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Housekeeping note on comments

The views expressed are those of the author and are not necessarily those of Scientific American.

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Over the past month or so, I’ve been pleased to see the number of comments grow on my posts. I want my posts to spark discussion, because I don’t have all the answers when I write an article. Readers are encouraged to post a comment or send an email or tweet if there is something interesting and constructive to say. Unfortunately, not all of the comments have been “good”. A lot have been nasty, either attacking me or other readers, which does nothing but derail an otherwise healthy discussion about science, and I fear, dissuade others from commenting.

Our blogs editor, Bora Zivkovic, wrote a lengthy article about blog comments, and I’ve been thinking about how to cultivate a better sense of community on my posts on ‘Plugged In’. Go read it and come back.

So from here on out on my posts, I’ll be actively moderating comments. I want you, the reader, to feel comfortable to post your thoughts, ask questions – basically to further the discussion! It’s my hope that more readers will feel comfortable to comment without fear of being flamed.

Now, there’s a thin line between trolling/bullying and a normal comment, but here are some things in particular that will not be tolerated:

·      Name calling, insults, personal attacks
·      Conspiracy theories. Enough already!
·      Debating established climate change and anthropogenic global warming science
·      Links to Watts. Seriously, this is a science site.

Things that are encouraged:
·      Links to other scientific articles, papers, reviews
·      Data and facts (!)
·      Questions for me or other readers
·      Technical or professional experiences about a topic

The “bad” comments are mostly on the climate change posts. (Seriously, what is it about climate change that riles y’all up?) But this policy applies to all topics. Hopefully it makes for a healthier discussion, and maybe some of you who have been holding back on commenting will feel comfortable to do so.

Frankly, I don’t want to waste my time reading comments about conspiracy theories, or how climate science is a cult or equivalent to religious dogma. But I will read them in my inbox long enough to delete them and spare everyone else. There are more important things to discuss, like the intricacies of data that world class scientists report, or new technologies and challenges – not theorizing about some Stonecutters-esque cabal that makes up bogeymen for research grants.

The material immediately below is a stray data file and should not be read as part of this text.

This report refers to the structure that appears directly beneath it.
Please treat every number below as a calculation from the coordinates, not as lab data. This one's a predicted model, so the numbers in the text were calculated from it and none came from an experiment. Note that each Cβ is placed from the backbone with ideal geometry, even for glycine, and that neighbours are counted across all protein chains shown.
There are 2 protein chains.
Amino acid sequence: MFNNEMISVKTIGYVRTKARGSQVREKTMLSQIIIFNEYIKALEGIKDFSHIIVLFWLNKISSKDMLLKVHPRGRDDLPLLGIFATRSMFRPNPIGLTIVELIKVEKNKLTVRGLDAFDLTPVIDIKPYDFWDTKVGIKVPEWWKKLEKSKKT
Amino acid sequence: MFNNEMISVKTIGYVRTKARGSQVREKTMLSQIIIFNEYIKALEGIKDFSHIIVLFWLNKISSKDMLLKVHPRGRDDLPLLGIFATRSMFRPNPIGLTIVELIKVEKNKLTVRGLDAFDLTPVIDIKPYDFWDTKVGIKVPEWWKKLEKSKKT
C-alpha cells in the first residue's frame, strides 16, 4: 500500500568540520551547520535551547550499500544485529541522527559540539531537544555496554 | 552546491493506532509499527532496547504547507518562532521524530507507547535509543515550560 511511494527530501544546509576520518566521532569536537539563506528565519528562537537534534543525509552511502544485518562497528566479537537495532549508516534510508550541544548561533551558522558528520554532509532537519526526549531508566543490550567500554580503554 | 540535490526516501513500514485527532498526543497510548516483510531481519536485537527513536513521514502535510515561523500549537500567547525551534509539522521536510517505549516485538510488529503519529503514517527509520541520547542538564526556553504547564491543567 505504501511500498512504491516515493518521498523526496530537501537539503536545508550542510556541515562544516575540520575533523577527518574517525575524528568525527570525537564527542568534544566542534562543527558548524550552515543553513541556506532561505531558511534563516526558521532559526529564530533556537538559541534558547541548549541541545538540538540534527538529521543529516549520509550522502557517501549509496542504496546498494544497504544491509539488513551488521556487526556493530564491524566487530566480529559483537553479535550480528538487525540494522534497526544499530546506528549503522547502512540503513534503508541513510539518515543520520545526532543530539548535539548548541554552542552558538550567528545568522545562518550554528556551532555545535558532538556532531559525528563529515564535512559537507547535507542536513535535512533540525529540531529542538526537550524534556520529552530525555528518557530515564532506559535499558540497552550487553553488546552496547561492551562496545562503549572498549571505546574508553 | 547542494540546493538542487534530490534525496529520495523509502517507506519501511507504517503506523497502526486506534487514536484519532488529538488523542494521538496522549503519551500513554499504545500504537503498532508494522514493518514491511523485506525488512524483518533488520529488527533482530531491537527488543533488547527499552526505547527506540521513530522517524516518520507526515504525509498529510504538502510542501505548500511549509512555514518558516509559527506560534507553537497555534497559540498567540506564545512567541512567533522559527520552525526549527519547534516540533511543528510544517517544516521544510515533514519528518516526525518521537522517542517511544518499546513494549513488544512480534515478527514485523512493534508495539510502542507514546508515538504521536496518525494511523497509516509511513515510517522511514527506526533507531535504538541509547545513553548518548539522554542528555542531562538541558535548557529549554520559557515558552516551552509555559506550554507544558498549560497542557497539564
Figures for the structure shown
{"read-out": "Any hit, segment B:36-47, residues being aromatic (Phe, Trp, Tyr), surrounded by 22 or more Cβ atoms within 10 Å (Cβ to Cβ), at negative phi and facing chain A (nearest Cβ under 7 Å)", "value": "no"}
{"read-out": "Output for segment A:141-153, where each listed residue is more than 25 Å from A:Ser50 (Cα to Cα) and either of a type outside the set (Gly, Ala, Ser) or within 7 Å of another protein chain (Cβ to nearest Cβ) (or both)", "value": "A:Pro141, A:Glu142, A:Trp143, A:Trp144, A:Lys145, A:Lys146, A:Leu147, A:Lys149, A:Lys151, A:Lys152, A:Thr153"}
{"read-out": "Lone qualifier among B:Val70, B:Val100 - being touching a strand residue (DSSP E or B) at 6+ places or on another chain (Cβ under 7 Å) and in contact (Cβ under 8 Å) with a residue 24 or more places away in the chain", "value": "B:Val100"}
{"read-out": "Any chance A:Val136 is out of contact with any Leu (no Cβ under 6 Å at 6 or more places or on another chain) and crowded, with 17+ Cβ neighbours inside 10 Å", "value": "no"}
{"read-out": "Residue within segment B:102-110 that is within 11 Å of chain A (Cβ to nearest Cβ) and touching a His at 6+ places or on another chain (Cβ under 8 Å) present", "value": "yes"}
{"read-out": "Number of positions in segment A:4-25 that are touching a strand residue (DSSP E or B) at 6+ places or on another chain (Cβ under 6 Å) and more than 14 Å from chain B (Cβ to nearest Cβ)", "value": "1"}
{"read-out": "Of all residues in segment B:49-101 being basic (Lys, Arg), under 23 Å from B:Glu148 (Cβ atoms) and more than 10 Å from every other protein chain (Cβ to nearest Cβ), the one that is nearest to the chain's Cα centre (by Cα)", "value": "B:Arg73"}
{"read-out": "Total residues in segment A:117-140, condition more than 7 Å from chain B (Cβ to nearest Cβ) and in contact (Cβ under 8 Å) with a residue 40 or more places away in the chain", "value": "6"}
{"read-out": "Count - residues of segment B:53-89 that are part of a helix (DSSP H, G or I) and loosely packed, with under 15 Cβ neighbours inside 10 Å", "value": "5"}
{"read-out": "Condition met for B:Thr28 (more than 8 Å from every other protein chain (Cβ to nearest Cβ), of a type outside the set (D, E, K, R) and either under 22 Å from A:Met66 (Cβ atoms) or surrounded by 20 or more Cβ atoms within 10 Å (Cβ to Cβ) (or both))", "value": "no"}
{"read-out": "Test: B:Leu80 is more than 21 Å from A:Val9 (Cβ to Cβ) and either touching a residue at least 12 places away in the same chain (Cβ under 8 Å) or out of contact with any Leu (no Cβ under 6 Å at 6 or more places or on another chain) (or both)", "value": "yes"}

I’m also thinking of other ways to discuss the posts and topics that we talk about here, perhaps moving some discussions over to Branch, because dialogue is important to the scientific process. I’m open to suggestions and would love to hear your thoughts/experiences.

If you have a problem with this policy, take it offline and email me.

As always, thanks for reading. – David

David Wogan About the Author: An engineer and policy researcher who writes about energy, technology, and policy - and everything in between. Based in Austin, Texas. Comments? Follow on Twitter @davidwogan.

The views expressed are those of the author and are not necessarily those of Scientific American.

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  1. 1. M Tucker 12:52 pm 02/1/2013

    Thanks David! I admire and appreciate the policy Bora has taken and I think you are making the right choice. I visit your blog because of the interesting subjects you take on.

    In this post you ask, “Seriously, what is it about climate change that riles y’all up?”
    Well I have my own thoughts regarding that and I will keep them to myself because they will not alter the situation and I don’t think the intention of this post is to foster a discussion about that. However if you post anything regarding the Higgs particle or the Higgs field or the LHC or evolution you will also see quite a bit of very questionable posts and the trolls will come out to play.

    I’m looking forward to your next post!

    Link to this
  2. 2. davidwogan 9:00 pm 02/1/2013

    @M Tucker: Thanks!! I have my own thoughts, too. The Internet is great in that it allows people to share information easily – sometimes too easily!

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  3. 3. David Marjanović 2:12 pm 02/13/2013

    I’ve spent a long time thinking whether to write this…

    Links to Watts. Seriously, this is a science site.

    Uh, sure. But now that you’ve simply cut the discussion off, I can’t explain to the denialists what makes Watts’ blog not science. I can’t even respond elsewhere to the comments they made here, because those comments are deleted. They aren’t simply evil, they’re wrong – but this assertion is now all I can make. When you cut a discussion off, the denialists keep being wrong, and so do the underinformed among their readers.

    Cutting down on manufactroversies and the emotions that surround it will gain you readers. It will also lose you readers. I’ll go back to staying away from this blog.

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